If you can’t make it to Southern Italy to indulge in traditional Neapolitan-style pizza at the source, New York City’s take on pizza is arguably second-best. But you won’t find a better slice in Louisville than at Old School NY Pizza.
A round of thin, crisp crust bearing portions of spicy sauce, melty cheese and toppings discreetly applied so all remains in balance, fired in a high-temperature gas or wood oven until the cheese bubbles: That’s the recipe for Gotham’s finest, and Old School does it right.
I loved the original shop on Factory Lane, although it is quite a hike out there. Now there’s a second location, and it’s out in the far East End, too, filling a storefront in Norton Commons that looks a lot like… well, a Brooklyn pizzeria.
Actually, as I perched on Old School’s sunny patio looking out over Norton Commons’ New Urbanism melange of houses and buildings built in random designs from all over the world — here a Craftsman-style bungalow, there a faux Southern mansion, over there a row of two-story brick apartments that would be at home in Queens, almost — I realized that Old School’s honest Italian-American fare may be one of the most authentic things in the neighborhood.
We chose to dine on the patio, more because it was a beautiful, sunny spring day than out of any pandemic concerns. For the record, servers were carefully masked, although if I weren’t vaccinated I might have been a little uneasy about what looked like rather close spacing among the black mesh tables and metal chairs.
The menu offers a broad selection of mostly standard pizzeria fare. A dozen-plus pre-built pies come in two sizes — 12-inch and 18-inch — and range in price from $10.50 (for a small cheese and tomato-sauce pizza) to $31 (for a large pizza topped with Philly cheesesteak ingredients, something that sounds strangely delicious yet might get one banned from Brooklyn).
Build-your-own options start with the cheese pie ($10.50 or $17.50), and invite you to add your pick among six sauces, seven cheeses, 14 veggie toppings and eight meat toppings, ringing up the total by 50 cents to $2.50 depending on topping and size; fresh mozzarella ($2.50/$4) and steak ($6/$12) are price outliers.
Three-cheese calzones are $9; each additional topping is $1. Subs and hoagies on freshly baked bread, including meatball parm, an Italian grinder and a cheesesteak, start at $9 plus toppings. And there’s the usual mix of Italian and Greek-style salads and bar bites as starters and sides.
For a real New York experience, you can get big, foldable slices from 11 a.m.-3 p.m. daily, but we went with a whole small pie instead, and it was very good. Fresh salads and a trio of tasty cannoli for dessert set up a nostalgic al fresco meal that felt almost like being back at our old place in Astoria, Queens, at least for a few minutes.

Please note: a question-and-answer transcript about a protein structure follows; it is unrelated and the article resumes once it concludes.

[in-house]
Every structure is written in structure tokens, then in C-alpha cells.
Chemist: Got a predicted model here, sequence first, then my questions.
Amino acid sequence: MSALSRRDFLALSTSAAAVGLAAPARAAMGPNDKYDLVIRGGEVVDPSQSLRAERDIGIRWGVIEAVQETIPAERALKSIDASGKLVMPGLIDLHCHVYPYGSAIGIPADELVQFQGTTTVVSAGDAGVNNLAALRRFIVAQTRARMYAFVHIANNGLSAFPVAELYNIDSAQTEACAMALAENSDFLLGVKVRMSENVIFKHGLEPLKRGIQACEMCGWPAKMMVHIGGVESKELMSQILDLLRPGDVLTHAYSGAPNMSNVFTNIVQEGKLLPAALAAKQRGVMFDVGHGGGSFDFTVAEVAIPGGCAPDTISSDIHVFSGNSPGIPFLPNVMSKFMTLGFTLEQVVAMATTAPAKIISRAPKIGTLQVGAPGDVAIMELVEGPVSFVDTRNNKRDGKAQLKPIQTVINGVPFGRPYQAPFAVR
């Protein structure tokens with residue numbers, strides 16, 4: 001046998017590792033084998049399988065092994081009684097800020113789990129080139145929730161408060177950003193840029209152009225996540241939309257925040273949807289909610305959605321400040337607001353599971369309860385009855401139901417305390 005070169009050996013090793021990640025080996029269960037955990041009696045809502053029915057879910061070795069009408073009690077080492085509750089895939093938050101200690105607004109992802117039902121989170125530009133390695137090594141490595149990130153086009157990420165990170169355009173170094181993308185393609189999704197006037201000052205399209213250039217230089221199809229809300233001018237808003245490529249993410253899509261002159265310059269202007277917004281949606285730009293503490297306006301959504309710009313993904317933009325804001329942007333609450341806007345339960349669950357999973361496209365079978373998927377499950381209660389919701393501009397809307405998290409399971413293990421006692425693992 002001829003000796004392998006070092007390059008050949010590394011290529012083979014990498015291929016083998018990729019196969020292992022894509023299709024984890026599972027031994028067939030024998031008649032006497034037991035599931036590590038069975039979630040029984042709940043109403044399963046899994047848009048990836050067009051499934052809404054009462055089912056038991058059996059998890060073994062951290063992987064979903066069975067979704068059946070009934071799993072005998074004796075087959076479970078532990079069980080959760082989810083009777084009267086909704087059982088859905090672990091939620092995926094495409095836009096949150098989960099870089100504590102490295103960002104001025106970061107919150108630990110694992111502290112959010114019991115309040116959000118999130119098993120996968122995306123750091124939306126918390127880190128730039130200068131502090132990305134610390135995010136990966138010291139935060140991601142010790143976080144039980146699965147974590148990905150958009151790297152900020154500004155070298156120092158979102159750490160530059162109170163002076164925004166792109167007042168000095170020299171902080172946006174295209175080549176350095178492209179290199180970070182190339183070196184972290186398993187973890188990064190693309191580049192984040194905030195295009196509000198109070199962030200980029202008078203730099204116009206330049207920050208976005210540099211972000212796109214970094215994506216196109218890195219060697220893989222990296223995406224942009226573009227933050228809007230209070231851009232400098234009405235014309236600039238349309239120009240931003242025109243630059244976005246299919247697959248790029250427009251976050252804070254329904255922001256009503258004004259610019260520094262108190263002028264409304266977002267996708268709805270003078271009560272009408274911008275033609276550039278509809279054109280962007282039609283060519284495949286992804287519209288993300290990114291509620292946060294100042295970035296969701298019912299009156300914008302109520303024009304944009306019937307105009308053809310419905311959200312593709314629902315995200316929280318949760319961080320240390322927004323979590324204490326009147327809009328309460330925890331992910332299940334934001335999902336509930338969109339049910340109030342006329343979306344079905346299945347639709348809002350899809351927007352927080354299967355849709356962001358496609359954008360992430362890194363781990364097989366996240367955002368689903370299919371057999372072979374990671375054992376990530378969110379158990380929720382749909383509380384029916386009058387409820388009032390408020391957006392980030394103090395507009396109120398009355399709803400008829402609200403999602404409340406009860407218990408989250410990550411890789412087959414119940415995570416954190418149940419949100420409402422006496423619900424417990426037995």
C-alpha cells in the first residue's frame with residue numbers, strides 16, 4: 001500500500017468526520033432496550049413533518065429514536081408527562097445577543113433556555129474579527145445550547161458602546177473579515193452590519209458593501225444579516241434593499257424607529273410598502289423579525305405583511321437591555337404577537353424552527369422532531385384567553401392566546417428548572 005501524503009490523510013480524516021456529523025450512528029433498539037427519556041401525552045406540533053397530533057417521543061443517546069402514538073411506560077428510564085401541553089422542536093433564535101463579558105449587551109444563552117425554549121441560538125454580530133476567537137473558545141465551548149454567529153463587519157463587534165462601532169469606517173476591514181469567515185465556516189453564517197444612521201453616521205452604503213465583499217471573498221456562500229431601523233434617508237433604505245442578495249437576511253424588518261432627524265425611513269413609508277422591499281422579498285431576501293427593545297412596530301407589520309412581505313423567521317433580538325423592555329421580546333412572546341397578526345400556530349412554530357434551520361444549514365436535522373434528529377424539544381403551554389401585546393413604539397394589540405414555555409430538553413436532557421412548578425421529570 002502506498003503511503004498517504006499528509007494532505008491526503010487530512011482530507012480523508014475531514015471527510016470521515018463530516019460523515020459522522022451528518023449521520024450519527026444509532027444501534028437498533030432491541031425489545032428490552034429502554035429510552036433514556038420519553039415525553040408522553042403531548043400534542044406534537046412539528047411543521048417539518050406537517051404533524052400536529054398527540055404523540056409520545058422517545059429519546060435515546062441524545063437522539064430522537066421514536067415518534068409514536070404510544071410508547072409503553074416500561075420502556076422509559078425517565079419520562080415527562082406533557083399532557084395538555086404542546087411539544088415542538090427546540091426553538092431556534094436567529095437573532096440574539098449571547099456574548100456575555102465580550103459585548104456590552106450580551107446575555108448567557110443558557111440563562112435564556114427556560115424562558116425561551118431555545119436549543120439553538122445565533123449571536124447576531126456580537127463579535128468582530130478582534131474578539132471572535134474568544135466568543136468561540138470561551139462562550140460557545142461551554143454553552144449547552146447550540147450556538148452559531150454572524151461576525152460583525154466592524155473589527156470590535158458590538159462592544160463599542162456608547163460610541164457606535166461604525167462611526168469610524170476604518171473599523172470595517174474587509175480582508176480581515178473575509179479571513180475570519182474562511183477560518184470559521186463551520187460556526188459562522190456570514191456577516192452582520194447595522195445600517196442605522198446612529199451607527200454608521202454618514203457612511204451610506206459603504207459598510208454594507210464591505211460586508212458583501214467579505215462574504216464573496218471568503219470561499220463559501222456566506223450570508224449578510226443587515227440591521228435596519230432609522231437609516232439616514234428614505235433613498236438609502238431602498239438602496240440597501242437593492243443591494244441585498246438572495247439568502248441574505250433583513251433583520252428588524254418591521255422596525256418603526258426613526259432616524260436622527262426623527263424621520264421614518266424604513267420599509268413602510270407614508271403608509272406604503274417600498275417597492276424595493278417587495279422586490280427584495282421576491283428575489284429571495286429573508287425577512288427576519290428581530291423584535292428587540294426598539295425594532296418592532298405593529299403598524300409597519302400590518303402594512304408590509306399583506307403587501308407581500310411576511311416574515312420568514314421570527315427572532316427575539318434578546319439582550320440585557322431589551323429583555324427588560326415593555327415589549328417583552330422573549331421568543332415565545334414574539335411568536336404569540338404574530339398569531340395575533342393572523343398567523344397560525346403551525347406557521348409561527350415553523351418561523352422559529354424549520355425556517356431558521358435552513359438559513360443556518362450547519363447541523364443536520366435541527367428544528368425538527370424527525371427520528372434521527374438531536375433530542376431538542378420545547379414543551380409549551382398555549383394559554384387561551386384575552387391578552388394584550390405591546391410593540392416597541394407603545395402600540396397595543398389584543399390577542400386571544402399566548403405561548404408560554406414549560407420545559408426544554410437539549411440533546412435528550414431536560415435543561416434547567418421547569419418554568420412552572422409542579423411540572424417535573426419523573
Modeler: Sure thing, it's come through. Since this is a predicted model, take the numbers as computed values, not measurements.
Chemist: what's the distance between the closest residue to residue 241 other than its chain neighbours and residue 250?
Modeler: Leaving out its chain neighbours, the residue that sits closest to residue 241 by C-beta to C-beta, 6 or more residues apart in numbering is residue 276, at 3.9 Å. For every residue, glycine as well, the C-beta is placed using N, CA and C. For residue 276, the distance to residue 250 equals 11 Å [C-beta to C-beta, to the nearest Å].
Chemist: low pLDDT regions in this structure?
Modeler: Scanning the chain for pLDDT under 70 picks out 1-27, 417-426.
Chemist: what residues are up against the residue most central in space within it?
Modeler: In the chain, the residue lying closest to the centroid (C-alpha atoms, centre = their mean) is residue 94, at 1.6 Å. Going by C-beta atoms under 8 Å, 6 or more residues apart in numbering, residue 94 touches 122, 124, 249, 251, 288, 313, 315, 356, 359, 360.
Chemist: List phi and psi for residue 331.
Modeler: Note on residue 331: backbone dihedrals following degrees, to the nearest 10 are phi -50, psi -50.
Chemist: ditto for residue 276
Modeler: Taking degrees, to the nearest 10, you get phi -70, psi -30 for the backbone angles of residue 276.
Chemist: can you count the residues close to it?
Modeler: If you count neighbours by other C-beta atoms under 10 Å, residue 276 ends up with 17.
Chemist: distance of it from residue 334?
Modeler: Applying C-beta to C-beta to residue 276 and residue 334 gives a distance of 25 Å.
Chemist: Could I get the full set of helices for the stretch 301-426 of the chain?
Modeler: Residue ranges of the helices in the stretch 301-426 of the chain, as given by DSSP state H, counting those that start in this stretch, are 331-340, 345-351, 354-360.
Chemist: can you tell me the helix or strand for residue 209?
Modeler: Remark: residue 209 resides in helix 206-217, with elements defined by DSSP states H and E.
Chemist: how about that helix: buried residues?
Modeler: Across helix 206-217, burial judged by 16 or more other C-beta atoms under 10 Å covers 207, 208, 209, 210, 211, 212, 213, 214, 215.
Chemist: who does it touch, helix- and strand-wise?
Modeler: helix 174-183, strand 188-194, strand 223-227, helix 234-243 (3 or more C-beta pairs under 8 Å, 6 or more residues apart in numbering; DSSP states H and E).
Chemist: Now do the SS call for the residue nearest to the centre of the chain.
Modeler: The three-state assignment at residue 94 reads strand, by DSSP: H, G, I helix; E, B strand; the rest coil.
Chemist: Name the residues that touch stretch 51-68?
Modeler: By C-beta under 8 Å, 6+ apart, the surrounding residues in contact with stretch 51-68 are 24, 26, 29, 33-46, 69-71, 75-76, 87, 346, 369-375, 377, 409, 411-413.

The salads — a small Greek salad ($5) and a small Caesar ($4.50) — were generously portioned even in the small sizes and made well with fresh ingredients. Served in deep red bowls, both started with fresh, carefully picked-over, squares of crisp romaine. The Caesar topped a full bowl of greens with thin deli slices of mild mozzarella and added excellent crouton cubes cut from bread made in-house. A creamy, garlicky Caesar dressing came in a tub alongside.
Starting from the same romaine base, the other salad turned Greekish with chopped pale tomatoes, crisp and juicy green pepper slices, sliced raw red onions, cubes of crumbly feta and delicious croutons. The traditional olives and cucumbers were AWOL, but a decent vinaigrette in a tub on the side brought it together all the same.
A 12-inch veggie pizza was delicious, and it was New York-style right down to its thin-crust foldable form. Its only fault lay in having been pulled from the oven a little too soon, before the crust was fully crisp and attractively scorched in spots. It was good enough, though, and a trip through the toaster oven for the leftovers at home made it even better.
The crust was appropriately thin to the edge, in contrast with the pillowy, bready edges of Neapolitan tradition. Also as is proper for NYC pizza, toppings were well made but discreetly applied, not overdone. Tomato sauce went down first, just a schmear, and it was nicely herbal and gently spicy. Melted mozzarella and Romano cheeses came next, followed after cooking by mushroom bits, green pepper and onion slices, black olives, roasted garlic cloves and halved sliced tomatoes on top — drizzled with garlic oil to finish.
Three fine cannoli ($5) took us right back to our favorite Italian delis in New York City’s Queens borough. Crisp, crackling pastry shells were rolled around the traditional creamy filling of ricotta, sugar and chocolate bits.
Our lunch trip to New York for pizza and salad for two, with leftover pizza slices for another day, came to $31.27 plus a $9 tip.
Old School NY Pizza
10600 Meeting St.